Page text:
“In line with Irish government policy, Dublin Airport is open as an essential service for the import and export of vital cargo – such as medical equipment and pharmaceutical products – and for the repatriation of Irish citizens and residents.

“As the key agency in relation to Irish health policy, the HSE has staff at the airport and all arriving passengers – whether Irish residents or not – are being informed by those HSE staff that they need to restrict their movements for 14 days on arrival and also follow current Irish government guidelines in relation to movement restrictions.

“The Department of Health and HSE has said entry screening at airports does not work and that it is not recommended by WHO or the European Centre for Disease Control.

“That is why HSE officials are not carrying out airport screening in Ireland. Like all airports in Europe, we follow the Covid-19 travel policies that are set by our respective national Governments.”

A spokeswoman for Ryanair said: “This was a charter flight for a private company. Ryanair complied with all regulations set out by EASA and WHO on these special flights.”

Social distancing on board questioned

A Meath councillor said he had been provided with details of the flight and questioned how social distancing could be observed on the plane. He said he had received a letter, purportedly from a Ryanair employee, which claimed there were 189 passengers on board.

“There was no social distancing on board, putting all the cabin crew at risk, there was also 200 bags in the hold of the aircraft putting the ground handling agents at risk,” the letter claimed.

Meanwhile, local TD Paul McAuliffe said the company had shown “poor judgement” by recruiting the workers from overseas, stating members of the public had contacted him with “real concern” about images online which showed “large numbers of seasonal workers” arriving.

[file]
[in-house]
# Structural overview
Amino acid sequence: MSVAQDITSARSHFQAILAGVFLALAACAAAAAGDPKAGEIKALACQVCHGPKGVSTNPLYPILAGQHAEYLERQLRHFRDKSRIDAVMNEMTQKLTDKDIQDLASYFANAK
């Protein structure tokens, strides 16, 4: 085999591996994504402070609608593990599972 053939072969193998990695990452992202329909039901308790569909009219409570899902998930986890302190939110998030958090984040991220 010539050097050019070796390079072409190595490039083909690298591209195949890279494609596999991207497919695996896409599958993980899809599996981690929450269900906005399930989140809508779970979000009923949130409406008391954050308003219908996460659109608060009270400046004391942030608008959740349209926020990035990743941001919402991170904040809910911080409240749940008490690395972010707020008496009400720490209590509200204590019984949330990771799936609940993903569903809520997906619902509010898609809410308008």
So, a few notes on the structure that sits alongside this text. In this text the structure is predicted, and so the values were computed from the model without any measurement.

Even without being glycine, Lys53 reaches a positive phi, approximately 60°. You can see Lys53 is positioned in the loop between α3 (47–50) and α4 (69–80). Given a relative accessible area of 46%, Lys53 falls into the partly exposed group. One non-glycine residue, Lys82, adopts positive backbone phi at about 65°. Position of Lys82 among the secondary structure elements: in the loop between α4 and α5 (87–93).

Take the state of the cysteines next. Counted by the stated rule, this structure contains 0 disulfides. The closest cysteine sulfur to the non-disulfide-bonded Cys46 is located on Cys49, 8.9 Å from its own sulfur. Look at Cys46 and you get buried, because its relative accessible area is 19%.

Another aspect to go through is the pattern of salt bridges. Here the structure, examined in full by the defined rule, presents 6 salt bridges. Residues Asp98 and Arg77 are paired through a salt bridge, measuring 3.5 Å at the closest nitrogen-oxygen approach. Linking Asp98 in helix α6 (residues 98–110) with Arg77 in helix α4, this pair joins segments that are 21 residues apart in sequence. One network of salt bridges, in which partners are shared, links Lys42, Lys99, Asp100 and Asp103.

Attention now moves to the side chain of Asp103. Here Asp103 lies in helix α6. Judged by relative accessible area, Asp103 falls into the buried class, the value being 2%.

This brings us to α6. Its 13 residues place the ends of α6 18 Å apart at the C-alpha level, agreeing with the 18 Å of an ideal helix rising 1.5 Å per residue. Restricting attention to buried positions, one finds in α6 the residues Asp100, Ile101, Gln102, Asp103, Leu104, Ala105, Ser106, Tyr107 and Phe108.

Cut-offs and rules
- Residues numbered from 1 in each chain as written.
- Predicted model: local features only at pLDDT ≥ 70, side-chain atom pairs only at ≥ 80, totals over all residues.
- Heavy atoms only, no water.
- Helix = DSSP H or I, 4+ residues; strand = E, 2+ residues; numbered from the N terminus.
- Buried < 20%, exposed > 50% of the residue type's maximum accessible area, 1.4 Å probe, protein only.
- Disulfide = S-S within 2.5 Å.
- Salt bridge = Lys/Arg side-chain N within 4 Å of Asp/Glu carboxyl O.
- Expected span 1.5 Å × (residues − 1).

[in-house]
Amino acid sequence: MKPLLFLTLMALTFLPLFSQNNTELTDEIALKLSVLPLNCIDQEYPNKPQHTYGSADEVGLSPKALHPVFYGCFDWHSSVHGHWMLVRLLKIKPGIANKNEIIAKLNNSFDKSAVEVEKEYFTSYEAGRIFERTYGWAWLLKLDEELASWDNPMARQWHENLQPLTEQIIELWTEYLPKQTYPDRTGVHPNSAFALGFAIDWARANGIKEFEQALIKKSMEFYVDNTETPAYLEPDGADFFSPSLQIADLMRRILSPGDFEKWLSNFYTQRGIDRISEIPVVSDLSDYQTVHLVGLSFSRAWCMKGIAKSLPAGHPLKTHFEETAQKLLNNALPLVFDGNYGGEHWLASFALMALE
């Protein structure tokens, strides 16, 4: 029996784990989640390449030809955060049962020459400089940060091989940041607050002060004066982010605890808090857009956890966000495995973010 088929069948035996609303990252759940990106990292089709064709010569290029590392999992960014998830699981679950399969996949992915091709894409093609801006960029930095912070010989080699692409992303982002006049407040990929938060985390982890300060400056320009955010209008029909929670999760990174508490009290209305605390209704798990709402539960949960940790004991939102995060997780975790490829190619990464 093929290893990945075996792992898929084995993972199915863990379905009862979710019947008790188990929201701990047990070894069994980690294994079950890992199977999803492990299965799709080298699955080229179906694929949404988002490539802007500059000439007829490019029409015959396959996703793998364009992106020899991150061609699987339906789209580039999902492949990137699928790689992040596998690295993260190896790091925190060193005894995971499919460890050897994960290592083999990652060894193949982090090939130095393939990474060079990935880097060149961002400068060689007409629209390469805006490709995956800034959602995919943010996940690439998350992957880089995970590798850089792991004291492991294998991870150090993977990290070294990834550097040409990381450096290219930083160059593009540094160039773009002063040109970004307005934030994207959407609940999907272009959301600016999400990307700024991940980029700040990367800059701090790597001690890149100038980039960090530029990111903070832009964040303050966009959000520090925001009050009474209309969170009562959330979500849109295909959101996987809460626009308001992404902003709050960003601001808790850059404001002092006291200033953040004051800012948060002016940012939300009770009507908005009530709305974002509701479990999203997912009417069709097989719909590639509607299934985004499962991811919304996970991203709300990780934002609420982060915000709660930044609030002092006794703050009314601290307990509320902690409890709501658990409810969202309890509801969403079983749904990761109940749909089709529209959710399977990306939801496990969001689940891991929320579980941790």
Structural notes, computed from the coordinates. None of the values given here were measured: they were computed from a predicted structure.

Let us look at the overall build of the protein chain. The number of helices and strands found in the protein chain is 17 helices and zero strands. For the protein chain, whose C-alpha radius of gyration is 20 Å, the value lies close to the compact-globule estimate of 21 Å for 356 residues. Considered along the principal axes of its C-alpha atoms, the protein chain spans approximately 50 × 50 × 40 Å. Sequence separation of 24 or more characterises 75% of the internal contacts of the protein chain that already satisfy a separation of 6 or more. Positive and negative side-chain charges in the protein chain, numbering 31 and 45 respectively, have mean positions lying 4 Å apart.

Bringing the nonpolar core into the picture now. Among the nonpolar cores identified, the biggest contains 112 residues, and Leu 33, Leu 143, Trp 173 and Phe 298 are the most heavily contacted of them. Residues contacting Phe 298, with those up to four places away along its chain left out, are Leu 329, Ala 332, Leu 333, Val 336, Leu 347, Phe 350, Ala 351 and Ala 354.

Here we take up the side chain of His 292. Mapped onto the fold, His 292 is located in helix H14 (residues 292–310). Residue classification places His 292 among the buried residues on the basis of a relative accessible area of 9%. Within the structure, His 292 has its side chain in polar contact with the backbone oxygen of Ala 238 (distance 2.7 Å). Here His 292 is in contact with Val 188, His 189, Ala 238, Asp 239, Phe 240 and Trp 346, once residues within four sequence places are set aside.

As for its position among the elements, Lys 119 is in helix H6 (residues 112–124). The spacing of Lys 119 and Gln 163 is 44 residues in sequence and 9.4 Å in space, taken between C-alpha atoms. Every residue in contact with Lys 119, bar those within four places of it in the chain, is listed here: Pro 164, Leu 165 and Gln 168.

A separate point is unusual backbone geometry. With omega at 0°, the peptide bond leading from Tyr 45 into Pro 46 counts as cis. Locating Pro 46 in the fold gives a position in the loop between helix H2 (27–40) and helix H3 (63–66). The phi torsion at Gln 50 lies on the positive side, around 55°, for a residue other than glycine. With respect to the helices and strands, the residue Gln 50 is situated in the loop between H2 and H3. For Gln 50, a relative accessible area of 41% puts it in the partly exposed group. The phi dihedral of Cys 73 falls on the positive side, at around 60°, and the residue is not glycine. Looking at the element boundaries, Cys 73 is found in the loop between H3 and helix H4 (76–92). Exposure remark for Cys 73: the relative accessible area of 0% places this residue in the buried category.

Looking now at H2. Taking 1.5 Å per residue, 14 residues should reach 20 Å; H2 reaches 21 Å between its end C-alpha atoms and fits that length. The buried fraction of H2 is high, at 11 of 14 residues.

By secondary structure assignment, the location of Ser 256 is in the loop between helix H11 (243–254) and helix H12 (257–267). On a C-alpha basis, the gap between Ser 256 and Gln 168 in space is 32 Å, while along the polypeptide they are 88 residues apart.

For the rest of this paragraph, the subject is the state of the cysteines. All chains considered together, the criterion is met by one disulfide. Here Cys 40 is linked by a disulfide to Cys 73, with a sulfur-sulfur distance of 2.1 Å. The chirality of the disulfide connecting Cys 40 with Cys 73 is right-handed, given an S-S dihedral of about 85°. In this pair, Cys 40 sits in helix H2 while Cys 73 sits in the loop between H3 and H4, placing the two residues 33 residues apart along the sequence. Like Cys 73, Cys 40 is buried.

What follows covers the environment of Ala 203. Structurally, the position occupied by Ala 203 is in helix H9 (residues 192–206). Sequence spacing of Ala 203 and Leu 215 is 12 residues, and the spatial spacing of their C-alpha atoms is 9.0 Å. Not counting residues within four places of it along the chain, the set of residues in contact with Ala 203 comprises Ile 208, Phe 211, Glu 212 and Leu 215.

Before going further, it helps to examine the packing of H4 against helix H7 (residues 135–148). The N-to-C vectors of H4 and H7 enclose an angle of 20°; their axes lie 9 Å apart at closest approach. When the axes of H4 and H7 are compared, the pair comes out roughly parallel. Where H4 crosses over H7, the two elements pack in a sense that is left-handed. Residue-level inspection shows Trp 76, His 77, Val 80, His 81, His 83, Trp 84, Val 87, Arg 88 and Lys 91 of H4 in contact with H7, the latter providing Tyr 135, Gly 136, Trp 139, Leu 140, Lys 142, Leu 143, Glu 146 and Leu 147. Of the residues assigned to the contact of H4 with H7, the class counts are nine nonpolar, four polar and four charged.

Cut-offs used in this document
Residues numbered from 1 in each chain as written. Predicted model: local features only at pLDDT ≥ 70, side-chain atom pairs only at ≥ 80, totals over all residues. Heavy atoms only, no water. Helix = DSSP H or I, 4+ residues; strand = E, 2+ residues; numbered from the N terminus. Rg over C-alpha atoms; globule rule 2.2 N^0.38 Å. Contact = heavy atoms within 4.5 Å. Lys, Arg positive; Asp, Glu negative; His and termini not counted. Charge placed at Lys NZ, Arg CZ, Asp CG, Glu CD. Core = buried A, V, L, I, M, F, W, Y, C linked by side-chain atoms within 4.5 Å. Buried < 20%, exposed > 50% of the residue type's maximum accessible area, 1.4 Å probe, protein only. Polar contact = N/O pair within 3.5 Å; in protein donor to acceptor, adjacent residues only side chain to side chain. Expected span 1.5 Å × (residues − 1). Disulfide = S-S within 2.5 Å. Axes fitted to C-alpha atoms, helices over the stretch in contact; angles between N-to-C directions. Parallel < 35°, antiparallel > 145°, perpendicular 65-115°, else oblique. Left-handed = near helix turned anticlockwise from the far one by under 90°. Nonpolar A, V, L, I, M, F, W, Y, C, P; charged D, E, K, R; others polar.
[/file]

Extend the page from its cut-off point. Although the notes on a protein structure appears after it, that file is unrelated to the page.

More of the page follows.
UK farms fly in workers from Romania

Concerns have also been raised in the UK about the transportation of workers from Romania to Essex in order to pick crops on British farms.

Sky News reported that yesterday, 150 Romanian field labourers had arrived at Stansted Airport, on a flight chartered by farming group G’s Fresh.

Farmers defended their decision, stating that without the workforce, crops may be left in the ground to rot and be wasted, at a time when it is vital the food supply chain is maintained during the Covid-19 pandemic.

They also described harvesting crops as skilled work and said many loyal Eastern European workers return each year to specific farms.

Stephanie Hildon, who runs Langmead Herbs in Chichester on almost 3,000 hectares of land, said that if efficiency levels dropped, prices could rise.

“If I was going to be recruiting from the UK and taking on people that are unfortunately out of work that would require a huge amount of retraining to get these people up to speed,” Hildon said.

“It’s highly likely that our efficiency levels would drop,” she added. “If our efficiency levels drop, we’re already in a rather low margin category, that means the price of food goes up.”

Hildon also claimed that while the company “always” advertises in the UK, that it wasn’t able to recruit UK workers and had subsequently looked abroad for staff.